Get the album here: Far Out Shop: https://www.faroutrecordings.com/collections/grupo-batuque/products/grupo-batuque-africa-brazil Bandcamp: https://grupobatuque.bandcamp.com/album/africa-brazil iTunes: https://geo.itunes.apple.com/uk/album/id1045518571?at=1l3v9Tx&app=itunes Amazon: http://www.amazon.co.uk/dp/B0163JD63E?ie=UTF8&tag=musique006-21&linkCode=as2&camp=1642&creative=6746&creativeASIN=B0163JD63E
Stream on Spotify: http://open.spotify.com/album/1JH6G4pQuJgkgAk4a5e4mp
From raw and unadorned vocal-drum tracks through to truly Bahian Afro Brazilica. This record can be listened to on many different levels and as a journey over the changing landscape of Brazilian music. The journey starts with the very beginnings of samba, whose predecessor arrived washed up on the coasts of Bahia as worship and freedom songs. This music provided the soundtrack to the Orixia based religion Candomble and the acrobatic martial art -Capoeira which both grew from the African culture newly arrived in Brazil.
In Africa, music plays a functional, ritualistic part in everyday life. And this is the case in Brazil today, where music is an integral part of day to day life- climaxing with Carnival once a year. This is when most of the country gets out to dance along to the many Escolas do Samba (samba schools) and Blocos taking part. In many African languages the words for dance and music are used interchangeably. The word Samba may come from the African Semba or ' invitation to dance', and during Carnival everyone dances to the escolas. These can include up to 4000 members drumming perfectly in time and providing the magical, hypnotic and thunderous backdrop to the party.
This album features percussion maestro's Wilson Des Neves & Robertinho Silva from the --'Imperio Serrano' Escola do samba of Rio. Other Musicians include; Ivan Conti (drummer with Azymuth), Zezinho and Leo Leobonz- who has spent his years playing with Mongo Santamaria and Fania all-stars.
The African influences on the music and culture of Brazilian life cannot be overstated, with up to 5 million Africans from Ghana, Angola, Zaire and Nigeria, transplanted from their native lands to work as slaves in the plantations in Northeast Brazil. The immigrants brought with them their dance, language and religion, which they integrated with the strongly catholic and European culture, brought to Brazil by the colonial Portuguese.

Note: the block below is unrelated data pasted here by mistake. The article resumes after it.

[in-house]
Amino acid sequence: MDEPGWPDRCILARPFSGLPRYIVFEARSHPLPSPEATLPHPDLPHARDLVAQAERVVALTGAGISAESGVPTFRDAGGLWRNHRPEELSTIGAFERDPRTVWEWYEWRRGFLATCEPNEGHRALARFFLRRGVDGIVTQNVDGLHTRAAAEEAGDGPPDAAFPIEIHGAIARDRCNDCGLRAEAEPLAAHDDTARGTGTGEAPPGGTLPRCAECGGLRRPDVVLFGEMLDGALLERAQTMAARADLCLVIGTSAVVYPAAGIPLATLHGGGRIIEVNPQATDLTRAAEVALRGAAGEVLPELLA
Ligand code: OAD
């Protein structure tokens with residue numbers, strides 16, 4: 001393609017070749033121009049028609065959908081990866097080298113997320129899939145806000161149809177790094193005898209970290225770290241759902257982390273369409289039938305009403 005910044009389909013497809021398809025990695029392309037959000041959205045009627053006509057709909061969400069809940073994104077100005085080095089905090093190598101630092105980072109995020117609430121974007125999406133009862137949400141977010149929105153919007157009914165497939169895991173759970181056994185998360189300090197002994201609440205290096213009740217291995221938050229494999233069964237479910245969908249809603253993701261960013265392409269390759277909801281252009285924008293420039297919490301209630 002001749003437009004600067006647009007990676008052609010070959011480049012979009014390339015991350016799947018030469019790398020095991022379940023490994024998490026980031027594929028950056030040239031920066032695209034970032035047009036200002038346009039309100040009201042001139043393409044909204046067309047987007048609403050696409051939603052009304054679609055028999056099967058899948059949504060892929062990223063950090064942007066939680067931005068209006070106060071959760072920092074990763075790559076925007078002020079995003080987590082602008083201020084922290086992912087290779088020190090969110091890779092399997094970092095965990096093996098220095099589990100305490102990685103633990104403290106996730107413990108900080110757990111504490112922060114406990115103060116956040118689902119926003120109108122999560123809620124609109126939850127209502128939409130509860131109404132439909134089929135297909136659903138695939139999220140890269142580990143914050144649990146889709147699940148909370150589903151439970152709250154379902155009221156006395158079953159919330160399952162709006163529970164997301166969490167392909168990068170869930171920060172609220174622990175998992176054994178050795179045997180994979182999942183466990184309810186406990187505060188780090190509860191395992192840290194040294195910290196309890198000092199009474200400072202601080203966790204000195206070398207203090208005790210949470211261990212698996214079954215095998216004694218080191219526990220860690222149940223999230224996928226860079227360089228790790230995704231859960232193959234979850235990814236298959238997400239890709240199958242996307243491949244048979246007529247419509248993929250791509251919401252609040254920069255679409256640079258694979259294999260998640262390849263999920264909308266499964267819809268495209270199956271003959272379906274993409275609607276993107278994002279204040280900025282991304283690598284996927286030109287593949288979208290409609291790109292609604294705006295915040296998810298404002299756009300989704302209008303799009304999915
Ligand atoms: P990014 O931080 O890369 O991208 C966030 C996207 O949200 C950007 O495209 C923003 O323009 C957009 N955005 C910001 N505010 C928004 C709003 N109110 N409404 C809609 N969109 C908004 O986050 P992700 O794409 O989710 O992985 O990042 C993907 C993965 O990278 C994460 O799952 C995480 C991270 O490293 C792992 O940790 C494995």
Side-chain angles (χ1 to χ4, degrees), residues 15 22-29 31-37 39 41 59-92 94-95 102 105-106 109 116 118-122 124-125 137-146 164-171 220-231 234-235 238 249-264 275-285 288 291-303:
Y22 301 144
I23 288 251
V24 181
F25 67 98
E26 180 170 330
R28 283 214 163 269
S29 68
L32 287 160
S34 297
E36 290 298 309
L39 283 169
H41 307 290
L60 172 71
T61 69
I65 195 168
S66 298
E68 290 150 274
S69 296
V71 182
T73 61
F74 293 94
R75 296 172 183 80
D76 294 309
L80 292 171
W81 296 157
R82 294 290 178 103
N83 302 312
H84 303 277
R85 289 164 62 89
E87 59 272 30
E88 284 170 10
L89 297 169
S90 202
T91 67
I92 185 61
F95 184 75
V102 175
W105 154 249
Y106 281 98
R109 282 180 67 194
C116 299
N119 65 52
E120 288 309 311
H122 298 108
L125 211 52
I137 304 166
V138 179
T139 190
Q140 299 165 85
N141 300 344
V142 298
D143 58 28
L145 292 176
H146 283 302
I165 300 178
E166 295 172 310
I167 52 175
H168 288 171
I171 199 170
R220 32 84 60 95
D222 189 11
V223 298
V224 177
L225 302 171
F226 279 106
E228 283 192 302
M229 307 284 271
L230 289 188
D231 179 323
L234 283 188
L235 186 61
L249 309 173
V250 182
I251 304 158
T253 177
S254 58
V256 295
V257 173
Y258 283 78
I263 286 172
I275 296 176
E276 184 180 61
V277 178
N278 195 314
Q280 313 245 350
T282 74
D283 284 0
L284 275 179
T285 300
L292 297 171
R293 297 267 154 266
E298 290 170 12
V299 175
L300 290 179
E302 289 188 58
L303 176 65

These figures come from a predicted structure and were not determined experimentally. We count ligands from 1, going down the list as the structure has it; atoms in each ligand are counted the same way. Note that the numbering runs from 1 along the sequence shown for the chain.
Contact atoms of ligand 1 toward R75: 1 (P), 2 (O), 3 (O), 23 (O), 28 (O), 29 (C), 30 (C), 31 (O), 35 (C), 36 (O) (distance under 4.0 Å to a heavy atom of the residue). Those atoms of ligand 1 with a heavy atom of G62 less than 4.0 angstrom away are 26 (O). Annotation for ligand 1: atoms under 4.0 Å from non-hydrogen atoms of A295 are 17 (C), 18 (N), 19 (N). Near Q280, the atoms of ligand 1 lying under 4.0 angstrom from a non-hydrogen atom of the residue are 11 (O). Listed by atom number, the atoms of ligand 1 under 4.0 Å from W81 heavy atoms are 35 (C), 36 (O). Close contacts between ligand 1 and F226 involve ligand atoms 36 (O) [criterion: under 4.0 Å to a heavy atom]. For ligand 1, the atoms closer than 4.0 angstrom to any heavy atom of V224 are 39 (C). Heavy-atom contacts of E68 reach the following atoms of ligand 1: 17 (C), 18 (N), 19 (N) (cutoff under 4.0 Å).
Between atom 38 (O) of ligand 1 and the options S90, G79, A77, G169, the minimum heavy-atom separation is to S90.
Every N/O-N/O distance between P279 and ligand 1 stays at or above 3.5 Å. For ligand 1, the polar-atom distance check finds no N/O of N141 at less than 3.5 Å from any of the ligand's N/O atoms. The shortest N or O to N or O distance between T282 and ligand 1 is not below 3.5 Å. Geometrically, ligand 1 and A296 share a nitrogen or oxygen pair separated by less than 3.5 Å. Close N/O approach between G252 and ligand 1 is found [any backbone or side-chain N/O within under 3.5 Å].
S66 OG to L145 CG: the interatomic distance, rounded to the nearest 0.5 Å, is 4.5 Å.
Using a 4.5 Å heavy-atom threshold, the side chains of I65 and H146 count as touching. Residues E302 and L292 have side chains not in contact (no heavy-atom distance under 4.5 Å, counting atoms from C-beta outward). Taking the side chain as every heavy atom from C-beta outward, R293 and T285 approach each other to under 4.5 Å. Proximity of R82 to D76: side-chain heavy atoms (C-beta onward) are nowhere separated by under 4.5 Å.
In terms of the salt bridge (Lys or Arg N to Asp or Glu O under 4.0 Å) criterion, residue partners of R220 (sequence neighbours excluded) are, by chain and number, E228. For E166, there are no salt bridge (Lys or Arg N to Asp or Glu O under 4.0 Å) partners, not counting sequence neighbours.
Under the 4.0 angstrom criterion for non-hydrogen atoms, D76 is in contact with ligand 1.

This album features the voice of Aleuda singing Jongos -- a highly improvisational form of ceremonial music brought from Ghana. Other vocalists are Sergao and Aperacidinha from the favelas of Madariera on the northern outskirts of Rio. Aperacidhinha has set up a school in the favelas for the Jongo ritual, performed originally at funerals and celebrations. The track 'Jongo Jade' sounds like invocation, the structure is a traditional African call and response pattern, with the drum answered by Apercidhinha's distinctive spiritual vocal.
Also included is 'Read Between the Lines' feat. Marcina Arnold with help DJ/producer Roc Hunter. The track is available again for everyone who missed it first time round when it was released earlier in the year to a very enthusiastic response, media and club wise. A London/Rio collaboration - this frenetic paced afro/samba is carried by Marcina's powerful vocal and is supported by full horn section. The track 'Keyzer' is dedicated to Banda Black Rio (Brazil's premier Funk Group of the 70's & friends of Batuque members) and Fela Kuti. It fuses the Fela rhythm and groove, but keeps the samba through the 'Gaffeira' melodies of the horn section.
There is also an authentic sambossa, the breezy Sa Con Janga with Wilson Des Neves on drums, a track done in the style of the Ipanemas, the original afro samba group.
The atmosphere of the album is set with live Capoeira, drumming and Baiano chanting- Africa Brazil is an essential samba which takes the next step forward from previous albums Samba de Rua and Samba de futebol both recorded live during the Carnival and the South America Cup respectively.
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